Last month, a 30-year-old man was arrested by the religious police in Saudi Arabia for using Facebook to pursue dates with other men, according to Gay Middle East. The man, whose name is not being released, was apprehended on December 23rd and is being held by the police in Dammam, on the Persian Gulf, where after what may be assumed to have been harsh interrogations by local authorities he confessed to arranging "obscenity acts" with members of his own sex.
Punishments for such acts in Saudi Arabia could include fines, flogging, imprisonment, and death. The severity of punishments for individual crimes are left to the discretion of Sunni religious authorities, and vary widely depending upon the identity of the offender. From GME:
Conviction and severity of punishments depends on the social class, religion and citizenship of the accused, whereby non-western migrant workers receive usually harsher treatment than upper class Saudi citizens.
Sami Hamwi, Syria Editor of Gay Middle East, and former Saudi resident explains: “Native born Saudi citizens who are Suni or from the Bedouin tribes in the country are often let off, while punishment are severely executed against minorities like Shiites and or newly naturalised citizens. Punishments regarding homosexuality are also held against expatriates working in Saudi Arabia, especially those coming from Asian, African and Arab countries. Dammam is a largely Shiite area and if the 30 year old aforementioned man is a Shiite, he is likely to be trailed and sentenced harshly.”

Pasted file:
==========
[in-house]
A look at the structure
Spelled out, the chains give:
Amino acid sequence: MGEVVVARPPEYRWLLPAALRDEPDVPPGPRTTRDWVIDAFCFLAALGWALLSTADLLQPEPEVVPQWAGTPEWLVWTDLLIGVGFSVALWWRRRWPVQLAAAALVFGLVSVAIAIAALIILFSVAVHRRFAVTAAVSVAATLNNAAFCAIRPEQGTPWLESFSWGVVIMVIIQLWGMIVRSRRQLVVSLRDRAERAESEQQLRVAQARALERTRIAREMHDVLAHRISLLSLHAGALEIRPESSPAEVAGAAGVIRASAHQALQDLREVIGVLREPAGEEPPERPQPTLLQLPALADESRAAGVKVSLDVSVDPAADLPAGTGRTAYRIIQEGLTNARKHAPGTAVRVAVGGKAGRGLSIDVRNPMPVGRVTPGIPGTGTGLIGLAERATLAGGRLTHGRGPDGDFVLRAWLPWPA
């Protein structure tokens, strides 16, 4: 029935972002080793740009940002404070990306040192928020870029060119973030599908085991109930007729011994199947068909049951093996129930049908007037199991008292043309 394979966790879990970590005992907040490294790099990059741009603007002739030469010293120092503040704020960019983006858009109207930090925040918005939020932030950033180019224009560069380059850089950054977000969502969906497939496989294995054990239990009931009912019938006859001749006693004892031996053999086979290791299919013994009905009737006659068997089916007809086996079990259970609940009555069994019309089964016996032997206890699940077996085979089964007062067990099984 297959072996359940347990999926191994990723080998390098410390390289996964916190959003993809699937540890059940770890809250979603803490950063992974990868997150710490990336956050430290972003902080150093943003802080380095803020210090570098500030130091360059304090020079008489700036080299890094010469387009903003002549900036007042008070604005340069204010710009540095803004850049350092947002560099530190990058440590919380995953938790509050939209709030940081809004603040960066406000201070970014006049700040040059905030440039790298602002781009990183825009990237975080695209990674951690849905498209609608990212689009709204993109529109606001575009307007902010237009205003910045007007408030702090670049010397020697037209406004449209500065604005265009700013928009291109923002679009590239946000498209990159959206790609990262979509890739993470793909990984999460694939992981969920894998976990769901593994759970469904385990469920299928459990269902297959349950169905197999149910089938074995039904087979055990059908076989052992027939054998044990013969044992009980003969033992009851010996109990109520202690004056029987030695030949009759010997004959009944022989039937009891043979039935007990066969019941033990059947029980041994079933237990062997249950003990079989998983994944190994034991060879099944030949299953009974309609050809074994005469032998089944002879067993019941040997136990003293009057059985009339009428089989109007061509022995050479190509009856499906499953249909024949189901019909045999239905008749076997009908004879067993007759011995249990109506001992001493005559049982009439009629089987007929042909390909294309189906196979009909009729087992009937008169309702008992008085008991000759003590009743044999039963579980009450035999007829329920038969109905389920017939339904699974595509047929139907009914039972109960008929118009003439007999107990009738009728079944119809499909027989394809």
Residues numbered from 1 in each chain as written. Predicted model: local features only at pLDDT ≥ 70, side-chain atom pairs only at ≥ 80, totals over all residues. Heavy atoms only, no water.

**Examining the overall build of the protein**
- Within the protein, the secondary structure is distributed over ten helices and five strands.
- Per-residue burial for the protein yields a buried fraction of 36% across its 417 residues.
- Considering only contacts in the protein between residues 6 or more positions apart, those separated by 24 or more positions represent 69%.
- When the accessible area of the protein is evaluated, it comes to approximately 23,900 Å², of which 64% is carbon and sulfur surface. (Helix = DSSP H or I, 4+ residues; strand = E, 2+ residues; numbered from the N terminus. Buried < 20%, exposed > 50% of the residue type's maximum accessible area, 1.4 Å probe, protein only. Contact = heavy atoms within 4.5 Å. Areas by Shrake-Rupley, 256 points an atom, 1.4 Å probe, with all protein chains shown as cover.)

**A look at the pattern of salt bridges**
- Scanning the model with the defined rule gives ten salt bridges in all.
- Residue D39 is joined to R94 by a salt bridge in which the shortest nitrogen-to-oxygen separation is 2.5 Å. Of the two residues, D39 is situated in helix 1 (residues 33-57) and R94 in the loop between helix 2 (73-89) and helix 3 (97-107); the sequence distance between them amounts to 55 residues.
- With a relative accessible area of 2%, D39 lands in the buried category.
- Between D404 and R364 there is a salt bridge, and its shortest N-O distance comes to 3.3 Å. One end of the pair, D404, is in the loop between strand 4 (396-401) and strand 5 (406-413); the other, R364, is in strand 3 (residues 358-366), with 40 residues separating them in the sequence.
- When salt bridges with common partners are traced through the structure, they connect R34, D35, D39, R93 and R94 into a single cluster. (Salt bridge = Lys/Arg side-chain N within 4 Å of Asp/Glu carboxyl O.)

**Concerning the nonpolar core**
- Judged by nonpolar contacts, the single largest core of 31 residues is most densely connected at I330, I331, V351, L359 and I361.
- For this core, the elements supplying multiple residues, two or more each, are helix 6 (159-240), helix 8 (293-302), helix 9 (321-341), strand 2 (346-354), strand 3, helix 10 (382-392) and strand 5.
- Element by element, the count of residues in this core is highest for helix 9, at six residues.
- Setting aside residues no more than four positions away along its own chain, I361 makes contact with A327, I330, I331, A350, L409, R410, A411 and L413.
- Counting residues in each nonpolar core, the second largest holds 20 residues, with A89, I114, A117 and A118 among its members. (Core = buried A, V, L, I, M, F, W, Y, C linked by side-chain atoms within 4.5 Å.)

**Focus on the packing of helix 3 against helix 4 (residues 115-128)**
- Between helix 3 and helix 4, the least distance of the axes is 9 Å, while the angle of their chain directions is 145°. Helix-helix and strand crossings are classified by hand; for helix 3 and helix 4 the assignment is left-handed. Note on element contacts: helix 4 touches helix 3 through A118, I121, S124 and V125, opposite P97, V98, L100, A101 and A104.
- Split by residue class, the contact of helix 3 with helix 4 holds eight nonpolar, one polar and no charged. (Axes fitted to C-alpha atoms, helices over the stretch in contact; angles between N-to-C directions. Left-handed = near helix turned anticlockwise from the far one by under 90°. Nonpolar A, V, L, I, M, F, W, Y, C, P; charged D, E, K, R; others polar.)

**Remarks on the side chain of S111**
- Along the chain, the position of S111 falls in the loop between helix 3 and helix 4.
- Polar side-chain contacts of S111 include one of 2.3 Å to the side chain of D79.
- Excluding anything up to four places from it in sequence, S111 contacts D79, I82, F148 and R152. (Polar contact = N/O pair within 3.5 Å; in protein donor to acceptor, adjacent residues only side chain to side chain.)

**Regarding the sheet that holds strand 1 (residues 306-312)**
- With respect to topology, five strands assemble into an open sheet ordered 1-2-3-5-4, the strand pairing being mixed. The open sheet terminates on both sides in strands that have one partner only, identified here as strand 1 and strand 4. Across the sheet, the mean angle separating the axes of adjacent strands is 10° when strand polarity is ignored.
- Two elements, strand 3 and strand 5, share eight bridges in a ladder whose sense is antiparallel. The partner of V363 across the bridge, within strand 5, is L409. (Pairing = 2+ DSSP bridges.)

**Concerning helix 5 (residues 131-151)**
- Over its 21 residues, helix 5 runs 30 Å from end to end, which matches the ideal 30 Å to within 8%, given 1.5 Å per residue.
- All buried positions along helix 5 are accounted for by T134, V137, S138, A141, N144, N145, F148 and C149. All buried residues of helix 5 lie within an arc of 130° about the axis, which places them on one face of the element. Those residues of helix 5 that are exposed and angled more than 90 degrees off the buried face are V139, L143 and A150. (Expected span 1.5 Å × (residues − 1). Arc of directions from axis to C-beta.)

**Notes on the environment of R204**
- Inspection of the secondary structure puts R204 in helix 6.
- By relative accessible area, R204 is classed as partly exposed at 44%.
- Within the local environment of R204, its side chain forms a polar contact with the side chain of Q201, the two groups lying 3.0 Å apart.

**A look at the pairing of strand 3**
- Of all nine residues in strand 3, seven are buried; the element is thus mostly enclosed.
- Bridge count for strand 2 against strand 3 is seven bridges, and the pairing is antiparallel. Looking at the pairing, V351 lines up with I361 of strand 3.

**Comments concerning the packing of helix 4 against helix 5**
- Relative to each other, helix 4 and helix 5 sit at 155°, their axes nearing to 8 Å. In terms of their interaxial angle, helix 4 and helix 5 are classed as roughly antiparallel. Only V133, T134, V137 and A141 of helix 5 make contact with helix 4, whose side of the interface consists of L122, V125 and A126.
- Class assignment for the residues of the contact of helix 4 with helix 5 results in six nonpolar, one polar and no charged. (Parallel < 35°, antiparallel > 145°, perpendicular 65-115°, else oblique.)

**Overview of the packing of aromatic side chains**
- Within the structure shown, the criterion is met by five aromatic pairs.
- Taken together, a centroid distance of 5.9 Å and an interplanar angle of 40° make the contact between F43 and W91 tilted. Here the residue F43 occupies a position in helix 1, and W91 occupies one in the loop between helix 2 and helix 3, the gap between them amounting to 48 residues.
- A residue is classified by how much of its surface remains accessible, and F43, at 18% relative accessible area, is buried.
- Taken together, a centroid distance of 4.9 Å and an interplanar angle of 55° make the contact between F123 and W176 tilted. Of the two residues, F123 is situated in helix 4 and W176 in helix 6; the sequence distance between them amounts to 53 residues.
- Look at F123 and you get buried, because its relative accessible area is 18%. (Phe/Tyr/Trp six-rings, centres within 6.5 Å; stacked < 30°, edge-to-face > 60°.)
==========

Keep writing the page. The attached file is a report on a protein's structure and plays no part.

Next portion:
News of the arrest came as British PM David Cameron embarked on a brief visit to Saudi Arabia. The British government, which in recent months has explicitly tied the well-being of global LGBTs to its foreign policy, was quick to voice concern for the incarcerated Saudi. Wrote a "British Foreign and Commonwealth spokesperson" to GME:
We are aware of the reports and seeking further information. The UK opposes all discrimination against Lesbian, Gay, Bisexual and Transgender (LGBT) people in all circumstances. We are committed to combating violence and discrimination against LGBT people as an integral part of our international human rights work. We believe that human rights are universal and that LGBT people should be free to enjoy the rights and freedoms to which people of all nations are entitled.
What effect, if any, Cameron's visit may have on the incarcerated Saudi is unknown. Because of the opacity of Saudi Arabia's religious courts, the man's trial and punishment may be conducted in secret.